Mozingo Music is a long-time client and my familiarity with their brand was extensive, to say the least. I’d been eager to recommend a brand redesign…and, for owner Jeff Mozingo, the St. Louis Music Store’s 40th Anniversary brought the perfect timing and the perfect opportunity. This was an exercise in brand development and redesign, but an exercise in brand equity management as well.
So to begin: the orginal logo. An update that had been around for approximately 6 years:
The “complaints” surrounding this logo were mainly on it’s inability to effectively communicate the basic impression that almost everyone gets the minute they walk in the front door of Mozingo Music: Fun. Friendly. Energetic. Welcoming. The staff used words like “serious” and “stuffy” and “conservatory” to describe the message sent by the existing logo.
Off we go. Mind Map:
after the initial stages were complete…I proposed 4 seperate directions/concepts:
1. The “Staff” Concept: A bit of an homage to the existing mark…this concept featured the 5 lines of a staff, coiled like a guitar string, paired with a brand new custom wordmark that placed considerably more emphasis on the “Mozingo” over the “Music”.
2. The “Maze” Concept: Music and musicianship are a never-ending journey. The “Maze” concept blended the “staff” idea into one continuous stroke that started/ended at opposite ends of the logo. A customized, lighter-weight wordmark was chosen to support nature of this logo.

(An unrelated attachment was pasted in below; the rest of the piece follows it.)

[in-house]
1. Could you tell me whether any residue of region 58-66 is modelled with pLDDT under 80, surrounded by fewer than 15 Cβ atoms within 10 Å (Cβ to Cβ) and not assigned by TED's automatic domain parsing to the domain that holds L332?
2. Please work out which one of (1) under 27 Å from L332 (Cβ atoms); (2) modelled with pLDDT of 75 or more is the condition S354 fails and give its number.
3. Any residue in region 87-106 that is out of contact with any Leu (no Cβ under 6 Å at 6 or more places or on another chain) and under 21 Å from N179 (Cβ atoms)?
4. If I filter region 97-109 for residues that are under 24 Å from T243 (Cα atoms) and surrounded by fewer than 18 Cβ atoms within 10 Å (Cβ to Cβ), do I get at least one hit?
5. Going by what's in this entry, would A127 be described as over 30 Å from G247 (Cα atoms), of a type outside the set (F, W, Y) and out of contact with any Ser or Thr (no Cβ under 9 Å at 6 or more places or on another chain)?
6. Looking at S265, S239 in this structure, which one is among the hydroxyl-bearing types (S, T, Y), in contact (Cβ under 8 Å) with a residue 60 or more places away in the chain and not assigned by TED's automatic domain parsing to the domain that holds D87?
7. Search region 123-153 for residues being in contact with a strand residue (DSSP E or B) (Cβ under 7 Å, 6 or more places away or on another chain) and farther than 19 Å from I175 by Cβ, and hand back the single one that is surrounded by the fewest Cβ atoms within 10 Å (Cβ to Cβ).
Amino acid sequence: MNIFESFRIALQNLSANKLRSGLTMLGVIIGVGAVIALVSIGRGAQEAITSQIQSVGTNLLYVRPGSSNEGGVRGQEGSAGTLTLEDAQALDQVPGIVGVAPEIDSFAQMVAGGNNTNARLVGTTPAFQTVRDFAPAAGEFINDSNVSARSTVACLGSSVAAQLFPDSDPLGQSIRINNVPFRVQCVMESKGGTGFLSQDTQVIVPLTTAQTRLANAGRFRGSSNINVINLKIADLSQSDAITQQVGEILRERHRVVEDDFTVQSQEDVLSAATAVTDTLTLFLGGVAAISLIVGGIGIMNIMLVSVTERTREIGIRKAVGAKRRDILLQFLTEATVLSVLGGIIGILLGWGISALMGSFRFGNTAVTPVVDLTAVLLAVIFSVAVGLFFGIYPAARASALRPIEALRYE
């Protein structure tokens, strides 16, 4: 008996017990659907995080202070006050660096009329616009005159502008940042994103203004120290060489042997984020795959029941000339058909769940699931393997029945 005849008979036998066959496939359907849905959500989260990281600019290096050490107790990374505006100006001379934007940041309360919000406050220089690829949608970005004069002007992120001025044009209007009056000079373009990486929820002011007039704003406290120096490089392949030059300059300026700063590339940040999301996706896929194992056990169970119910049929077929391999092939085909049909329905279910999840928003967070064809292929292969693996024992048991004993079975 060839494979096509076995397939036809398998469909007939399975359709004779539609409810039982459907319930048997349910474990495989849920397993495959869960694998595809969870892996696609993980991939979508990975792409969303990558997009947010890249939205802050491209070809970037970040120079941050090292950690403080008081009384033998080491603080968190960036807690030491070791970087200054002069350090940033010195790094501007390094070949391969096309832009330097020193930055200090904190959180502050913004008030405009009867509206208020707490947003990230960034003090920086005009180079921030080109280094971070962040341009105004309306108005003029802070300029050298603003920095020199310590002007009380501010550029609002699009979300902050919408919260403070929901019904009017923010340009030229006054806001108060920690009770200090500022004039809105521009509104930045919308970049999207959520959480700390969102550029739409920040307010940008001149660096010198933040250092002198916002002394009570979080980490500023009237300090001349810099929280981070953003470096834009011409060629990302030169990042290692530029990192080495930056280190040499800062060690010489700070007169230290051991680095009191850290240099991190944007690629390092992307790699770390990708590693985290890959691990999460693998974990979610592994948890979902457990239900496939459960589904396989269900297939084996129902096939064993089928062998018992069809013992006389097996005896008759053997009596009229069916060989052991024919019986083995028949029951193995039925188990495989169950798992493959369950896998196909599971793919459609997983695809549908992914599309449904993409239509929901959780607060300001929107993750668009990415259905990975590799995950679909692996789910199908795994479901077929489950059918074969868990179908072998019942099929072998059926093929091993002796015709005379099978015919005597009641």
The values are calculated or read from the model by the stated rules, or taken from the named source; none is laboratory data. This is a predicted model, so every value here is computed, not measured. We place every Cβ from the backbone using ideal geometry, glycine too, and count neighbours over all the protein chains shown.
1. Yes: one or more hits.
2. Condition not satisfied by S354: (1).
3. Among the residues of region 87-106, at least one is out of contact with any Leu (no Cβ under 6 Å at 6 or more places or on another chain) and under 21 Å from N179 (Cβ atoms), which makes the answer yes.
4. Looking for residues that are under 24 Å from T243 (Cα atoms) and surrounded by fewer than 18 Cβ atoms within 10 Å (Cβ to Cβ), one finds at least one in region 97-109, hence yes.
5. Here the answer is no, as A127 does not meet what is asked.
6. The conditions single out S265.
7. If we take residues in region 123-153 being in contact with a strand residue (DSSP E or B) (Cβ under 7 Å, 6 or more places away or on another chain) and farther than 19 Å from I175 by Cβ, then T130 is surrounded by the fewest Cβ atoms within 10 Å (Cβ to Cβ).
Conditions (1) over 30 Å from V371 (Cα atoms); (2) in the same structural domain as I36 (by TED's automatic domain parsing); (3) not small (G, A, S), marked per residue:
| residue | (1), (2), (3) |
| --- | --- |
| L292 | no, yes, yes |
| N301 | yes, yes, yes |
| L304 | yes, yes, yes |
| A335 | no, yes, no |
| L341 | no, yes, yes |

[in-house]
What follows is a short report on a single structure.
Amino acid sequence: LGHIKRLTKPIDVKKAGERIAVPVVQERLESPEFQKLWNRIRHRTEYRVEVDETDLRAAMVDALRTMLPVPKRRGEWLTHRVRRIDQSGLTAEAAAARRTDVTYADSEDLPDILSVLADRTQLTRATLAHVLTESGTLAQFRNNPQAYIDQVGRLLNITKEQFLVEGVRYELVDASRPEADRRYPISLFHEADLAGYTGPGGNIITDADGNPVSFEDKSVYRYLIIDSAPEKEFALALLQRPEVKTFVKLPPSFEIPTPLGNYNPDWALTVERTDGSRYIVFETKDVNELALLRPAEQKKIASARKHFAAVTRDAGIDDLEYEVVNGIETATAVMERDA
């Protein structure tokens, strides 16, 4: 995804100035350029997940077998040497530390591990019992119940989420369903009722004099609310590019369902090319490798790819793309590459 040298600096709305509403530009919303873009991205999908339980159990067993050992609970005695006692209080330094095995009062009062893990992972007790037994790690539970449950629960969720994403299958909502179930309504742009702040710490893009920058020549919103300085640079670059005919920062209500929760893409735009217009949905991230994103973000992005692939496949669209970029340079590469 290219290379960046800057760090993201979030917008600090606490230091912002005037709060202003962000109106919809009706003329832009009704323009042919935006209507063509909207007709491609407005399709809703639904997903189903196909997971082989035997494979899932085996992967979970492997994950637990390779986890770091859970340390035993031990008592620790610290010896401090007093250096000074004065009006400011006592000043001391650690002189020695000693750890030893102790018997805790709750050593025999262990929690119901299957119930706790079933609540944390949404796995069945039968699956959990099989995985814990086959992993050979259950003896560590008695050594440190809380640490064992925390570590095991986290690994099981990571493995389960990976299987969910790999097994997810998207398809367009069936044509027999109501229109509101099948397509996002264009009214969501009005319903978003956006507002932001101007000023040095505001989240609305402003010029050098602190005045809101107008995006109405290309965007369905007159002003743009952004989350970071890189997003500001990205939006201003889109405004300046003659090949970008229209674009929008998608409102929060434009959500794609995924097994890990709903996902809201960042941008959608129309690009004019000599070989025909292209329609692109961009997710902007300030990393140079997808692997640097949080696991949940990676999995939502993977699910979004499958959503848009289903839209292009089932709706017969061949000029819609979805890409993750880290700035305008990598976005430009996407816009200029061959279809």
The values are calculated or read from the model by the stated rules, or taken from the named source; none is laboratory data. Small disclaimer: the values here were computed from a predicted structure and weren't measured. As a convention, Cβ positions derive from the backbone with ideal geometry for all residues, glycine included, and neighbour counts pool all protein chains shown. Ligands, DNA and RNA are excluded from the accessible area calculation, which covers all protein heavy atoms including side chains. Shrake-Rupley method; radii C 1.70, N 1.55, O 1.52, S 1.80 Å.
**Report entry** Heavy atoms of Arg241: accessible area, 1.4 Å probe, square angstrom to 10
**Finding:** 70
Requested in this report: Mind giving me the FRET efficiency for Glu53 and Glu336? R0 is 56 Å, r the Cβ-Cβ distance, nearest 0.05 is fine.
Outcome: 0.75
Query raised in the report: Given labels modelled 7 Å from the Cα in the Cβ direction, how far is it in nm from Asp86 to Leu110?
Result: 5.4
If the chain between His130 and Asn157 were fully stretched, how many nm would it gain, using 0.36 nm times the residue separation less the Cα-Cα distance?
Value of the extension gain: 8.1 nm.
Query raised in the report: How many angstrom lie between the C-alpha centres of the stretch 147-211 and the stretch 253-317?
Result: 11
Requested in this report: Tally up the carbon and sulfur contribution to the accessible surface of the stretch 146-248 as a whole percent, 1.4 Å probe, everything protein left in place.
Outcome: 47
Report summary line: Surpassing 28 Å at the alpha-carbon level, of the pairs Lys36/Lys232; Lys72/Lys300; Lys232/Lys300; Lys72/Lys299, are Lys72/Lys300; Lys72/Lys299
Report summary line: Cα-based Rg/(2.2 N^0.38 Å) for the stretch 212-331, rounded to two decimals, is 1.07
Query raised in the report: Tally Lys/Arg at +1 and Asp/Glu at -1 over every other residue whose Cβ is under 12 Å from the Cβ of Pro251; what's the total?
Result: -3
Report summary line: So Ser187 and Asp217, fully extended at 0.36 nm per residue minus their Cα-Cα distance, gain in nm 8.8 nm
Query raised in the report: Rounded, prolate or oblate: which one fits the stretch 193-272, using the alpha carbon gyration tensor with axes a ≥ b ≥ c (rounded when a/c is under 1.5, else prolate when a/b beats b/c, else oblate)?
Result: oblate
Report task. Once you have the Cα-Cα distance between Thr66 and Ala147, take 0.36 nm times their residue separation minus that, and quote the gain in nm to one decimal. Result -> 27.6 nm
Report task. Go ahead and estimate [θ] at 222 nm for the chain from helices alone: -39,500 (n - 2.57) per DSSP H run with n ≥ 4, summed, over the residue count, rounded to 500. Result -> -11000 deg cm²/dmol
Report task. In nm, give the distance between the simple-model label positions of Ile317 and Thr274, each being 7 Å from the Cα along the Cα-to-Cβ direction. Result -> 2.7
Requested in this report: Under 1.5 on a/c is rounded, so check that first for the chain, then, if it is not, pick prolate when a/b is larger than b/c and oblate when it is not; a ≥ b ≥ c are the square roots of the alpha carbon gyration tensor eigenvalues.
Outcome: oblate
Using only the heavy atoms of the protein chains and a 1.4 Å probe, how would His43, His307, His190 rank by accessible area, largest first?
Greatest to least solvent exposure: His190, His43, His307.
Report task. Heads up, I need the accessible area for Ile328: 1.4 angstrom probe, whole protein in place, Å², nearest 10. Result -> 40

3. The “Note” Concept: Borrowing a portion from earlier sketches of the “M” letterform…the “Note” concept featured an abstract quarter note with a swift “zig zag” energy. This logo brought more energy and playfulness to the bold custom typography also seen in the “Staff” version.
4. The “Signature” Concept. A hand-drawn, fully custom, totally original approach to a perfectly memorable name. While this approach quickly eliminates the need for a “logo” to live above it…it boasts a beautiful “M” letterform, rich with movement, that lives perfectly as a separate element that can be used to expand and extend the “signature” beyond the confines of the usual typographical approach. For this reason…it was the hands-down winner!
final step. we closed up the “g”, just a bit, for improved readability: